Henry Rollins: The Column! Japanese Guitar Freaks From Outer Space
[Look for your weekly fix from the one and only Henry Rollins right here on West Coast Sound every Thursday, and come back tomorrow for the awesomely annotated playlist for his Saturday KCRW broadcast.]
I am off the road for a few days, from the tour that never ends. One of the upsides is that I get a chance to listen to a few albums without the pressure of a show waiting for me. I have been making my choices carefully -- I don't have much time before I leave again.
To combat the confusion and depression that assault me when I come off the road in the middle of a tour, I seek the most oblivionated music possible. When it's the "way out there" that I seek, I go right to my stash of amazing music from Japan.
It's just my opinion, but some of the most mind-frying records I have ever heard have been made by Japanese artists. Sure, Jimi Hendrix will always be my favorite guitar player -- after all, I was raised with his music, and those sounds are burned deep into my mind. But picking up the baton and blasting fearlessly into the vast darkness of the unexplored regions of the cosmos are ultimate guitar freaks like Makoto Kawabata of the 10,000-light-years-from-home house band Acid Mothers Temple.
Thankfully, they release a record every few months, it seems. Their music escapes description, besides going from gentle cosmic shifts to the sound of complete volcanic guitar overload. Then there is Kawabata's immense catalog of solo releases, which run the gamut from gorgeous to completely mad. It all sounds good to me.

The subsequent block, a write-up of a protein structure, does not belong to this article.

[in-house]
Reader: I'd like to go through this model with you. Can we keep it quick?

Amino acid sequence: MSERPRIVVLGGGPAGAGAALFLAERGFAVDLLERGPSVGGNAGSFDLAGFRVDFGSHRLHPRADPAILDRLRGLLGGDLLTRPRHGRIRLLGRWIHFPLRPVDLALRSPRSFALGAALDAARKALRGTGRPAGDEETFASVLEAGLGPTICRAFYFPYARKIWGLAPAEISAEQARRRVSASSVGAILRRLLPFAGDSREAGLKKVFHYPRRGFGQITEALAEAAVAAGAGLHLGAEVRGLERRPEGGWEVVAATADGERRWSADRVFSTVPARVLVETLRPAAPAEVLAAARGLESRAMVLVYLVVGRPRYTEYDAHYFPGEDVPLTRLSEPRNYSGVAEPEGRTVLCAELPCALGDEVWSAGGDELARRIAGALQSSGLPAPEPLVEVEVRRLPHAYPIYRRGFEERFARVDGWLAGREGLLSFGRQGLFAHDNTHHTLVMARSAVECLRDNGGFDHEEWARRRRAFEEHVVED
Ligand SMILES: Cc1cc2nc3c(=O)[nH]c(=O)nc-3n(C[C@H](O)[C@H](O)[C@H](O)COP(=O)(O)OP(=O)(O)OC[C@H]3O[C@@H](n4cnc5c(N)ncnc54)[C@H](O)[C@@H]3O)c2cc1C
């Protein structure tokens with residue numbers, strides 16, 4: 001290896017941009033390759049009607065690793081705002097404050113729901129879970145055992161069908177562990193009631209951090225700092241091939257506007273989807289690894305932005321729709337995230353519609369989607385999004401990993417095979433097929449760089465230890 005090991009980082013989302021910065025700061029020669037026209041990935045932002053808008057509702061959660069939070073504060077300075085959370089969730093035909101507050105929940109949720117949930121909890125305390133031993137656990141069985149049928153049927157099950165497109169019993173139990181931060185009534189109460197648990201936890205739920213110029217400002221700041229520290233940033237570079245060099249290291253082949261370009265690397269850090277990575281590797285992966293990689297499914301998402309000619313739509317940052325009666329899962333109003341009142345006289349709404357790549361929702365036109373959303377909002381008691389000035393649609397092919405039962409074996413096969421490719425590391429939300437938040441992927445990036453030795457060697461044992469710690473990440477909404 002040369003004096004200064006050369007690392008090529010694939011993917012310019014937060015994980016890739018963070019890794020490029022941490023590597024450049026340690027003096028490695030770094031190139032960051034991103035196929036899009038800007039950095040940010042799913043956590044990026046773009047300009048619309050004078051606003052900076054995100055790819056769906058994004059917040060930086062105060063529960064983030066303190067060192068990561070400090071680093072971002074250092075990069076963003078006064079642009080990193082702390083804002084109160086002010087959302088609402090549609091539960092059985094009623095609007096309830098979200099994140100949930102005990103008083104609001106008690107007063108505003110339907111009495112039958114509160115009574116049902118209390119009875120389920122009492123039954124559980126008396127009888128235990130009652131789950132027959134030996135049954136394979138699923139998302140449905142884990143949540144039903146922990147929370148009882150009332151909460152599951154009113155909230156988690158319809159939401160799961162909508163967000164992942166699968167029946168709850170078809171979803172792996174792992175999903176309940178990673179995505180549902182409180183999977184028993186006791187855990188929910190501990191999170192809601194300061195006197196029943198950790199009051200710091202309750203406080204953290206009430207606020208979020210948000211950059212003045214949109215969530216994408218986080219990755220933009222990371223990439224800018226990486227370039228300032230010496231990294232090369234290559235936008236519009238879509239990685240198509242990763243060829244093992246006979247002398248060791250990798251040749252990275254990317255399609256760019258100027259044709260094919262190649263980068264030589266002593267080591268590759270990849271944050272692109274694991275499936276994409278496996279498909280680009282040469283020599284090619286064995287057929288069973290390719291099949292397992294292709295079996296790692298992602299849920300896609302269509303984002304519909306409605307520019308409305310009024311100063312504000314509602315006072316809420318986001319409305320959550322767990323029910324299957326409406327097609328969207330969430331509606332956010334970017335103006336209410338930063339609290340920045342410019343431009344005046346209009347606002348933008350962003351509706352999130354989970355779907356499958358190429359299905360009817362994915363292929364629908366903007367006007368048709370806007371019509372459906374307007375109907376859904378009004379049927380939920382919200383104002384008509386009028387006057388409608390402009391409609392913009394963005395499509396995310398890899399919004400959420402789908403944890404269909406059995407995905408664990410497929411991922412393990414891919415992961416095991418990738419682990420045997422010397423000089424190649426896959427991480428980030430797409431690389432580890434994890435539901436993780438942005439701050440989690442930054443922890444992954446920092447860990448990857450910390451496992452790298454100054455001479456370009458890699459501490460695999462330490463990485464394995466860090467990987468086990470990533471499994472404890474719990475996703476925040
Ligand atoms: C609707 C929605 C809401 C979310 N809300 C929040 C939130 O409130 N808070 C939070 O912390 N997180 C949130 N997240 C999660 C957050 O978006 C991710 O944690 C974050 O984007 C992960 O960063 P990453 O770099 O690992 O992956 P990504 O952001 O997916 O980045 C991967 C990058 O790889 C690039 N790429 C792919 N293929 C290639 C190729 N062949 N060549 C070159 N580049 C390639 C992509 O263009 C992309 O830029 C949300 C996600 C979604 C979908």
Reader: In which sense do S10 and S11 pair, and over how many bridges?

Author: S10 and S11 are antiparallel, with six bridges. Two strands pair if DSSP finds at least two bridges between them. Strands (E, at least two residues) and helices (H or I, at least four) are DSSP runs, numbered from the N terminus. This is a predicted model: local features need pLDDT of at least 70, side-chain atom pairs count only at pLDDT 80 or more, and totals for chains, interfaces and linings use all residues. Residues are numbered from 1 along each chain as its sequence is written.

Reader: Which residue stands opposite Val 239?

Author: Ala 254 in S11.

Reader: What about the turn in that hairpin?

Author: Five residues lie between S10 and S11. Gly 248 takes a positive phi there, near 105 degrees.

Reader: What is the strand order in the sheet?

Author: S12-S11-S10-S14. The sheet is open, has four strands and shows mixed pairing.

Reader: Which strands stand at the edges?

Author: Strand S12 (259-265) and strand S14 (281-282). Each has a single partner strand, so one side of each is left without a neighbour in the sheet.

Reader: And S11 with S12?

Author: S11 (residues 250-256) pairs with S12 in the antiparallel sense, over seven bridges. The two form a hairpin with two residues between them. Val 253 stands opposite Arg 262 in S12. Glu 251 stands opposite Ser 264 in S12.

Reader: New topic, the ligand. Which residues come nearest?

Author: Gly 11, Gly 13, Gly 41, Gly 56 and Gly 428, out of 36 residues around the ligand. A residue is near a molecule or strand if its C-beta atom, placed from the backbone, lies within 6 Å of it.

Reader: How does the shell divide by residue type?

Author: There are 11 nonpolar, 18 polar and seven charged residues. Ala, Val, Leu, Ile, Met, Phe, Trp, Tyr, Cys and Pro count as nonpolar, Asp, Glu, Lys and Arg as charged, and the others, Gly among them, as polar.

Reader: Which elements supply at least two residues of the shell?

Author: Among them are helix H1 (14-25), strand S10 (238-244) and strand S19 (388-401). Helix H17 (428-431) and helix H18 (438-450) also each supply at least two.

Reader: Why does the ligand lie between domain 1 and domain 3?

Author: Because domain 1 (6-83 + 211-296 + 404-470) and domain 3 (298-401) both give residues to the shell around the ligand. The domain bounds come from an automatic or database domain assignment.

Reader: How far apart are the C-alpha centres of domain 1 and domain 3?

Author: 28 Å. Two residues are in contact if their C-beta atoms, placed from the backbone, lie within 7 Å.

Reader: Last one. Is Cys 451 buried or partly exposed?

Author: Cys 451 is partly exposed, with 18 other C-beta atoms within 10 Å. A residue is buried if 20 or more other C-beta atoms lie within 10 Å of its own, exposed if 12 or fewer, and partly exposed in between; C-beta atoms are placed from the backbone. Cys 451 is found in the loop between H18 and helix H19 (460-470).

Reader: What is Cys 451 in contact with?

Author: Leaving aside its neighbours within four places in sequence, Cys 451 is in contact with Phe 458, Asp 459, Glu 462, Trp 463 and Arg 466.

On a far more scorched plane, perhaps my favorite living guitar player is also from Japan, Keiji Haino. The recordings he made with Fushitsusha, his rock band (I use the term as a loose identifier because most rock music would be incinerated by wandering within 10 miles of this outfit), are some of the heaviest guitar records ever made. The massive sheets of hot steel that come from Haino's speakers on the Live 1 album are completely crushing.
Haino has released dozens of solo recordings that are so heavy, they are at times hard to get through. One of his earliest solo efforts, Watashi Dake, sounds like a man playing guitar while disemboweling himself. This is not easy listening and honestly, I cannot recommend these records, but damn, they work for me!
Perhaps one of the most interesting bands in Japanese music is Les Rallizes Dénudés, featuring the elusive guitarist Takashi Mizutani. To make things all the more confusing, challenging and frustrating, the band didn't really release any records, so what is available are live recordings put out by do-gooder labels that have come into possession of live source material. Some of the recordings come in at quite a cost.